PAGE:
My mother learned how to salsa in between a table of sheer glittered tank tops and a rack of leather jackets.
That’s the kind of woman my mother is and always will be, the kind to wear red flip flops in mid-October, a platinum gold satchel on her hip, while stepping on the toes of a 20-something Colombian named Carlos who was innocently folding men’s dress shirts in the middle of the Express clothing store before my mother somehow pulled a thread within him. Unraveling his whole life story. The Seams of Carlos All Tangled Up in My Mother’s Humanity and Salsa Dancing.
Carlos was in America for the year on a futbol scholarship and just then began to feel the waves of homesickness push in as the holidays began sneaking under doorways and into the store fronts of Sears and Macy’s.
So, my mother being the she & her that raised me to do just this, invited Carlos to Thanksgiving dinner but only if he taught her a dance. Hence the salsa dancing. Hence the 20-something Colombian learning to knife a turkey at my kitchen table.
My mother reeks of good human being. It pours out of her.
And even though often we are fighting over a) dishes b) bags left on the kitchen table c) student loan checks d) frying pans (all which sum up to the fact that I need a t-shirt that reads “Creativity ruins my Domesticity”), I still want to shake her by the shoulders while screaming loudly, “I wannttttttt tooooo beeeeeee jusssssttttt liiiikkkkkeee yooouuuuu.”
The key word is Be. I want to Be. Just like mother. She gets it. The Being part. She Be’s all day, every day.
She Be a blessing. She Be a lantern. She Be there. No questions asked, She Be there.
And if I can just sort it out, just unravel it the way my mother unraveled Carlos and his homesickness and his need as if he were a pool of yellow yarn laying on the ground at her feet, maybe then maybe I’ll Be too.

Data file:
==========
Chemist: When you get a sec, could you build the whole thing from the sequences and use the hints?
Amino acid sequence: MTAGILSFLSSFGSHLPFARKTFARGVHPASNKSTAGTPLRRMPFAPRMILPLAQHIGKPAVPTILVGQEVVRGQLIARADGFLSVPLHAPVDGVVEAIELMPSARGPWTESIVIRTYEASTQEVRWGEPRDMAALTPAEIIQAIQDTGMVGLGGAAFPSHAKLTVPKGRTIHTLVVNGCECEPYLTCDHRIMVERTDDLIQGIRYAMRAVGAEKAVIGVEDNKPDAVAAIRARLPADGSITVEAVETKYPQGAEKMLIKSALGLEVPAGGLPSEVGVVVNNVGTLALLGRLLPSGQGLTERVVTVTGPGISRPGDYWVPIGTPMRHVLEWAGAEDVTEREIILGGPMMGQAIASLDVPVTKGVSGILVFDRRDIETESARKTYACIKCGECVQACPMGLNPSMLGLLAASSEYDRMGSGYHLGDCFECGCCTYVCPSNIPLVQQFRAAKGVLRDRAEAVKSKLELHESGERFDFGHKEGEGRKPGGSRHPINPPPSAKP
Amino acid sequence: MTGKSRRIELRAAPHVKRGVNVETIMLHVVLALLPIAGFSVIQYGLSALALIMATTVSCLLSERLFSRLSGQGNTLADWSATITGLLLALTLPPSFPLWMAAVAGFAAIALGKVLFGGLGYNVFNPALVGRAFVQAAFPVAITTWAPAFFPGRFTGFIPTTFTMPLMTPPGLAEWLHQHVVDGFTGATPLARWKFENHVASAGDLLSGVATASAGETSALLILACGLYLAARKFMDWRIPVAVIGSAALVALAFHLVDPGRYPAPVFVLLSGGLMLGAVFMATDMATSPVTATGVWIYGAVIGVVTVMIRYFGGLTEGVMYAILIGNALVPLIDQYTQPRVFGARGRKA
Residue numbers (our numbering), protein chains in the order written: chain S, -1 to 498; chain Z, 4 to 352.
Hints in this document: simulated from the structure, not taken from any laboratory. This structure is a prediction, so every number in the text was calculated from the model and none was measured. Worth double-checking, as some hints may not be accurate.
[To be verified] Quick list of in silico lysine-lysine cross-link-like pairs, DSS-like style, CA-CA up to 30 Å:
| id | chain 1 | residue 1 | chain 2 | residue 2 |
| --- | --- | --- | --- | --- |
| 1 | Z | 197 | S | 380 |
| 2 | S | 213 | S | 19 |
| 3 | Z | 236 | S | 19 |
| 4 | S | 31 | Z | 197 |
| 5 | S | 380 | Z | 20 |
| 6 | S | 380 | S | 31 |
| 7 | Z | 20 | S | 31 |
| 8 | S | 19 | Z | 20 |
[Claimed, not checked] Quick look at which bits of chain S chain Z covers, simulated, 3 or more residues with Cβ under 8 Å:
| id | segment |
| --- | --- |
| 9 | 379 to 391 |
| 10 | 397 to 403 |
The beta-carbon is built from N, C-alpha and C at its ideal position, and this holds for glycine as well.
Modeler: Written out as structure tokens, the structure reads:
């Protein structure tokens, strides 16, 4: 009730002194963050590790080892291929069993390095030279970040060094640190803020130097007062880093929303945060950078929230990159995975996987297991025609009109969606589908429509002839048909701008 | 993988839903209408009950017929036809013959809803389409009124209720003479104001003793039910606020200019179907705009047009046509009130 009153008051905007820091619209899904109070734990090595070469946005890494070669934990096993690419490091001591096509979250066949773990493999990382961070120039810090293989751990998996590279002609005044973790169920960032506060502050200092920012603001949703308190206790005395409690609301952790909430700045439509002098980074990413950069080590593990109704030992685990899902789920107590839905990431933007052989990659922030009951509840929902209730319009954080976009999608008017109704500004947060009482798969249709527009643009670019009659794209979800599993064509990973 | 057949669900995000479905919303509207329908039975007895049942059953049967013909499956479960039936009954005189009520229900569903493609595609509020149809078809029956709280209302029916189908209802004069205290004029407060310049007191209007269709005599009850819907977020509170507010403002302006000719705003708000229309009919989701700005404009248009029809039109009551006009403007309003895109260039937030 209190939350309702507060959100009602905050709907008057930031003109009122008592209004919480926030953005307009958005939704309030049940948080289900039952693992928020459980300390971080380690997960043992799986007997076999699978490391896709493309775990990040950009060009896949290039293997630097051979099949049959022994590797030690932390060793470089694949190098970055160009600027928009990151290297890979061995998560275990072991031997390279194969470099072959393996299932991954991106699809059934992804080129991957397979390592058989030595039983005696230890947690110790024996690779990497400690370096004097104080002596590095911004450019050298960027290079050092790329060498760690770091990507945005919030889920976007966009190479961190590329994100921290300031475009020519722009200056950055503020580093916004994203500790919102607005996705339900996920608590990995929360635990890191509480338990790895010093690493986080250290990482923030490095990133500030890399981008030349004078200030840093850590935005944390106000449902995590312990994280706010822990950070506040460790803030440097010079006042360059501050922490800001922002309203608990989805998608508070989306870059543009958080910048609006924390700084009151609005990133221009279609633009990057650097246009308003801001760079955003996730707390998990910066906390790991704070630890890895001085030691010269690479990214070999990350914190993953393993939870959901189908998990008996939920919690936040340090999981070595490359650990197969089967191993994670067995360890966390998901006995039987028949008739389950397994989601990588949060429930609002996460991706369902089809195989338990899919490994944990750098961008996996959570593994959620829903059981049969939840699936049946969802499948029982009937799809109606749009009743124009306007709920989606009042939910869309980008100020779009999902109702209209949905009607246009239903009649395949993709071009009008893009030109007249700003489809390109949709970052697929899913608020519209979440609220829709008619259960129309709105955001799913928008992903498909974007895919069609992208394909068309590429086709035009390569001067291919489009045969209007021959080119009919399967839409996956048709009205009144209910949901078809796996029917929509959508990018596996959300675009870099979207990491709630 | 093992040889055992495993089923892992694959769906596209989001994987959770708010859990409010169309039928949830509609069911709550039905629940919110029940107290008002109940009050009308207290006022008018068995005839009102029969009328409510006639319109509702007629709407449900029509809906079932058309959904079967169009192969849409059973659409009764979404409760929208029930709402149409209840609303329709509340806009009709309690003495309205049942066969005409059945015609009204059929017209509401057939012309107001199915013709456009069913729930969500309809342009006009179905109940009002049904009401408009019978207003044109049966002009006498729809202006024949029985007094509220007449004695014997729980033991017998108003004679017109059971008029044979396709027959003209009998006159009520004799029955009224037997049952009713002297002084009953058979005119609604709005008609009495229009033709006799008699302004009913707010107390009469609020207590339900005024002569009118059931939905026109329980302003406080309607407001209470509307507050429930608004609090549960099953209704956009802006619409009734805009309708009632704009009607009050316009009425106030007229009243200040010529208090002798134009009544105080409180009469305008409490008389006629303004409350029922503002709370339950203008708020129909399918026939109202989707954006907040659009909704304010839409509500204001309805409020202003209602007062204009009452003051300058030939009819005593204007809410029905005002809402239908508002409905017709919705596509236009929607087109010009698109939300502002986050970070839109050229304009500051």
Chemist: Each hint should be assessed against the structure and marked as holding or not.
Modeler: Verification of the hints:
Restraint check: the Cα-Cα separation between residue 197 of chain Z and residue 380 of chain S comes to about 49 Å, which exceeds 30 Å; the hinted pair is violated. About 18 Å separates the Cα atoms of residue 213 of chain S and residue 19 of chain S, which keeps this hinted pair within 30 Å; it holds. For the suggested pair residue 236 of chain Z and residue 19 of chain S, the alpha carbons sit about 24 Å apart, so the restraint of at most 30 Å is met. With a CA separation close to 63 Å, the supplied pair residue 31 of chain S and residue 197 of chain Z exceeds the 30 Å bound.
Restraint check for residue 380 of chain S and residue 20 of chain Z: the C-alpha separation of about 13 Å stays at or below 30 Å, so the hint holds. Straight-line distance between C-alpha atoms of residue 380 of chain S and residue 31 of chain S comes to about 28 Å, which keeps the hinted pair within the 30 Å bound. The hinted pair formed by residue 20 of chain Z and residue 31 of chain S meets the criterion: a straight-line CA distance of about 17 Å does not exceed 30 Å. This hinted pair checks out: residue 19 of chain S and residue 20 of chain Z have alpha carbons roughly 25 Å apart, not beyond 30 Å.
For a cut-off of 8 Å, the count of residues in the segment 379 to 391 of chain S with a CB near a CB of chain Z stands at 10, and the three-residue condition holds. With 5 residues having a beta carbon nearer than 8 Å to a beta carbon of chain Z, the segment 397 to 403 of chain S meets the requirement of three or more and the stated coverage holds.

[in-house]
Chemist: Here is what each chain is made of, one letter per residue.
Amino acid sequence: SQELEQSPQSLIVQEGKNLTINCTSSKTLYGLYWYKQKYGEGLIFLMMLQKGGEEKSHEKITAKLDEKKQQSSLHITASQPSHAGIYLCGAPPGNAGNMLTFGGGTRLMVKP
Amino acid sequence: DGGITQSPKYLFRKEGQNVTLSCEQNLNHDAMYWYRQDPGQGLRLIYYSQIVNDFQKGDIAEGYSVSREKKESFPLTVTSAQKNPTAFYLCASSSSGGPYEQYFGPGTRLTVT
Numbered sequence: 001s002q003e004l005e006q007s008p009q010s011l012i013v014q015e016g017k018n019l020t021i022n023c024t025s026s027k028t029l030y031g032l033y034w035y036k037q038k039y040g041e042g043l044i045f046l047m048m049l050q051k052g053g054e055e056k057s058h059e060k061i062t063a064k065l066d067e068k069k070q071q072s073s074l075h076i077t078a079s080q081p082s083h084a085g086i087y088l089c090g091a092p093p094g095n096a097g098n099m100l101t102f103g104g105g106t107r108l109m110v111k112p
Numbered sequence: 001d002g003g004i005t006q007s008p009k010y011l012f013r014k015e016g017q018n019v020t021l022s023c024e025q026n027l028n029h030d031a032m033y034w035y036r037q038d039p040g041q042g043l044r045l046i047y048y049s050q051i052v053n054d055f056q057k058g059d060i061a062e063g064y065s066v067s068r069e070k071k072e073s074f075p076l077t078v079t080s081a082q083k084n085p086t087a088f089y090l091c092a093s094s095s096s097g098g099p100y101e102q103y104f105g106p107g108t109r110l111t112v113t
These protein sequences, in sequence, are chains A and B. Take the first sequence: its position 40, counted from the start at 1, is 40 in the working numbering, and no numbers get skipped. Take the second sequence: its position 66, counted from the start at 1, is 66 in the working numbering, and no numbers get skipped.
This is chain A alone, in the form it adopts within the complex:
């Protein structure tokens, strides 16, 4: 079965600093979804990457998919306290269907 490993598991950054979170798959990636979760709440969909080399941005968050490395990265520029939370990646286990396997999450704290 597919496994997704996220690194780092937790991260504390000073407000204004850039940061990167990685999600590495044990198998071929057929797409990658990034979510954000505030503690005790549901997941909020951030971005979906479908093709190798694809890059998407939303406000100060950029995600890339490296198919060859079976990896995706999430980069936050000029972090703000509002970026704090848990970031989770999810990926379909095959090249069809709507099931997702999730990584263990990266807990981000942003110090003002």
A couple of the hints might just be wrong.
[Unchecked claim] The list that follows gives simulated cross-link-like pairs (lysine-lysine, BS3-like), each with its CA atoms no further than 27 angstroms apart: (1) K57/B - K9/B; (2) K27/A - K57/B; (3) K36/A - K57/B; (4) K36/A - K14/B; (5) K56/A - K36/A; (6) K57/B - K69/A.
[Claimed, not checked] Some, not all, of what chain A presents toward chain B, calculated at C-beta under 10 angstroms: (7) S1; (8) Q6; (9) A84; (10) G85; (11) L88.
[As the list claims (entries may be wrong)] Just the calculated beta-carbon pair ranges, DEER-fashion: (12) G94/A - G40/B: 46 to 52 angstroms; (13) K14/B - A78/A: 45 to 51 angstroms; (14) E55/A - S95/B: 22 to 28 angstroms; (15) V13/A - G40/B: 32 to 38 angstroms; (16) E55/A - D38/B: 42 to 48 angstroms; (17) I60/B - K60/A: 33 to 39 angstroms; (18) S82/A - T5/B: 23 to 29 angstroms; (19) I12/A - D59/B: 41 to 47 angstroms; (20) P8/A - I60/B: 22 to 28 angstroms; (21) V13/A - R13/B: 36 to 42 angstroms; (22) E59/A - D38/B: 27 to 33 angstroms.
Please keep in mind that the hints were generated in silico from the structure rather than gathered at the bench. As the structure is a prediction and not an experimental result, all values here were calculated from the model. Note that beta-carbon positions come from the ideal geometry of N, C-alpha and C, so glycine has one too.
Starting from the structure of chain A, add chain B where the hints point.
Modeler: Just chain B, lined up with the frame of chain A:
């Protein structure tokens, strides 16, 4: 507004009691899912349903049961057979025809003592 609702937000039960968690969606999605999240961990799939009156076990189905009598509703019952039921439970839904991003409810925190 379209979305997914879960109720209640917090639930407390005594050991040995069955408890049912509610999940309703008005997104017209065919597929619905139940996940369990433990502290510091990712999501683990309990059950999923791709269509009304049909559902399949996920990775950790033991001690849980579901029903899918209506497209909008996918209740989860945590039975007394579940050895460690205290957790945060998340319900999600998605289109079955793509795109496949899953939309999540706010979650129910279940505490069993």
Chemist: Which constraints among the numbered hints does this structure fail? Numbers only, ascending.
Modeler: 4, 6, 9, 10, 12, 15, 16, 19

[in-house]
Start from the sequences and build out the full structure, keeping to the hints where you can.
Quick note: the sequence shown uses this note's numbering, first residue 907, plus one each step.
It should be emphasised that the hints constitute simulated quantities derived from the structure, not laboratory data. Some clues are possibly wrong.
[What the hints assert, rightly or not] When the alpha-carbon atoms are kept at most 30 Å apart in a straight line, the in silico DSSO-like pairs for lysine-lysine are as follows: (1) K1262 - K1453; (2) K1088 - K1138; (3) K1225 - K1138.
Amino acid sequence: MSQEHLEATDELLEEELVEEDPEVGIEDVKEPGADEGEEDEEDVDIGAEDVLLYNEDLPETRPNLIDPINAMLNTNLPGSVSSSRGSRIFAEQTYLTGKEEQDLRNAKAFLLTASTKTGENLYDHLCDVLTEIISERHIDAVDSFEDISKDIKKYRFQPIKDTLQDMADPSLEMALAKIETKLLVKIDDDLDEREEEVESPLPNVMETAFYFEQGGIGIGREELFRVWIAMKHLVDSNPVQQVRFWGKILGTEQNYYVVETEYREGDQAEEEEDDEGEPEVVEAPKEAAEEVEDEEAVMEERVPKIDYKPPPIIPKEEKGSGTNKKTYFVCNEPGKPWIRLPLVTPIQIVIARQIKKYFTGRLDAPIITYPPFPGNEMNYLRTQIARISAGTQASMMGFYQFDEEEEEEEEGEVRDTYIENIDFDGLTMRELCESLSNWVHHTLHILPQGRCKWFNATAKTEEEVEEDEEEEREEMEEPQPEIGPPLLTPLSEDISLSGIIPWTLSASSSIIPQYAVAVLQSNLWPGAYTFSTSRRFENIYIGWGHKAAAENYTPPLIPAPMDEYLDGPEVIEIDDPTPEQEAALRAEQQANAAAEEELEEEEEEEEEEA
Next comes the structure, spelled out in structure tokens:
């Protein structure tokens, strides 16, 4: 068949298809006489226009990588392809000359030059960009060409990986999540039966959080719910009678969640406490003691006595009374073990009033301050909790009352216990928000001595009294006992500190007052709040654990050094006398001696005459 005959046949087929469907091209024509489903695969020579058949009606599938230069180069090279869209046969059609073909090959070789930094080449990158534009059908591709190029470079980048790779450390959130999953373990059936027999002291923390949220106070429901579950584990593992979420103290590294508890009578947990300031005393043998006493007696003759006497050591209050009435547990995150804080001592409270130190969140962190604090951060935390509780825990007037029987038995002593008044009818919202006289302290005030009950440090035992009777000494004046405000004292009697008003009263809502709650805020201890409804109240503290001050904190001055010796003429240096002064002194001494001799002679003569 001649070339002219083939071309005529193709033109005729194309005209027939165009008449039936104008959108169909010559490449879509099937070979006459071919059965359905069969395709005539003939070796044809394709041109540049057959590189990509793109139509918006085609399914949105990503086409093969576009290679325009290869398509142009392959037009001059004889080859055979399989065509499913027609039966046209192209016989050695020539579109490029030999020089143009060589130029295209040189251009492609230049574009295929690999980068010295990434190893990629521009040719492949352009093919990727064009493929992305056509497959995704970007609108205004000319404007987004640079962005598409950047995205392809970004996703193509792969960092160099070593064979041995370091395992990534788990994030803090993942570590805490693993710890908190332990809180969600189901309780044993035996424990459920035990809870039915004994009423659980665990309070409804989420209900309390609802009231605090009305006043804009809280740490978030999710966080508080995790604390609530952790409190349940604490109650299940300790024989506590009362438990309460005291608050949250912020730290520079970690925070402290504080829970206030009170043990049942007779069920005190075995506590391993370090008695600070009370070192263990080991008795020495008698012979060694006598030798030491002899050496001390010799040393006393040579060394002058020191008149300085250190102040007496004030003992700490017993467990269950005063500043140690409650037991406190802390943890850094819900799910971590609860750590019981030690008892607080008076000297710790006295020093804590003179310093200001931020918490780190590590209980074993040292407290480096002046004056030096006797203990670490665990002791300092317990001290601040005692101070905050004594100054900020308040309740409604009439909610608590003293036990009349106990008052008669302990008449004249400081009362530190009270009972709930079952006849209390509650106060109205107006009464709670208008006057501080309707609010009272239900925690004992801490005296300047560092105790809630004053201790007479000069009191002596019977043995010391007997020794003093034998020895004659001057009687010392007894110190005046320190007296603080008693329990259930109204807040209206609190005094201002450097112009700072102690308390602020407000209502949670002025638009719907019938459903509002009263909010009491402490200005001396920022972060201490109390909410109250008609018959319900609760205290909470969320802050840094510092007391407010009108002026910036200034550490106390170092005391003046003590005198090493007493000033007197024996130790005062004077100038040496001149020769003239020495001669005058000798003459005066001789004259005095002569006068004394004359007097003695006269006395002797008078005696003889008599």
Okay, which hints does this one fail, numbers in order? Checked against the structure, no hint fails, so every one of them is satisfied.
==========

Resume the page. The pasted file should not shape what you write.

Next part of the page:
These are the notes I’ve taken thus far.
Be a blessing.
Lean in closer so I can tell you a secret: People get all weak in the elbows when you spend time on them.
Suddenly we shrink back into the days where our teachers complimented how nicely we folded our hands in our laps and then named us Line Leader for the day. It’s that kind of weakness.
A sweet, sticky glow that comes out from the cheeks. All because we stop… and think… and then act intentionally for one another in the form of care packages to cool down the homesickness like a hose, love letters to ward off the loneliness, baked goods to plump up and soften the heart, playlists to make the rains come… like clouds breaking open and clearing the drought from our eye sockets.
Be a lantern.
Or a lamp. Or a stoplight. Or a flashlight. Or the flicker of a candle. Just be a light. If you’ve got light, then be light.
People are looking for it. And they will tell you they are looking for a purpose, a higher calling, a lost shoe, their car keys, a deeper meaning, a better story.
And it’s really all just light. We all really just want something larger than us to pour through the cracks and light up the darkness we feel, even when the sun is out.
I think we all just want to dance somewhere in the light, shimmy and shake and hand jive and waltz somewhere in the middle of this quotation: “If you want a love message to be heard, it has got to be sent out. To keep a lamp burning, we have to keep putting oil in it.”
You know, I don’t know anything about how it will be to die.
I’ve not a clue how the thoughts will spiral through my head when I realize that these toes are going, these hairs are going, these legs will be no more, this mouth of mine will hush, but I bet I’ll think about people like Carlos. People in my life who got all wrapped up in me. And I got wrapped in them. All Tangled. And it never even mattered that blue bled into yellow because somehow we knew that together we’d make green, something we could never do apart. Something we could never accomplish on our own.
“I needed you to make my green,” I might tell someone in the quiet of the room. “I am your yellow and you are my blue.” Something really beautiful like that.
It won’t be the board meetings that held us close to their chests at night. The job title will never have been the one who stood at the door and ushered us home. It will be the time when I needed you and you were there. When I took you by the hand and dragged your tired feet. The time when we both stared hopelessly at one another, with skinned knees but polished souls, saying into the fragile October air, “I won’t regret a single second, as long as you are the keeper of them all.”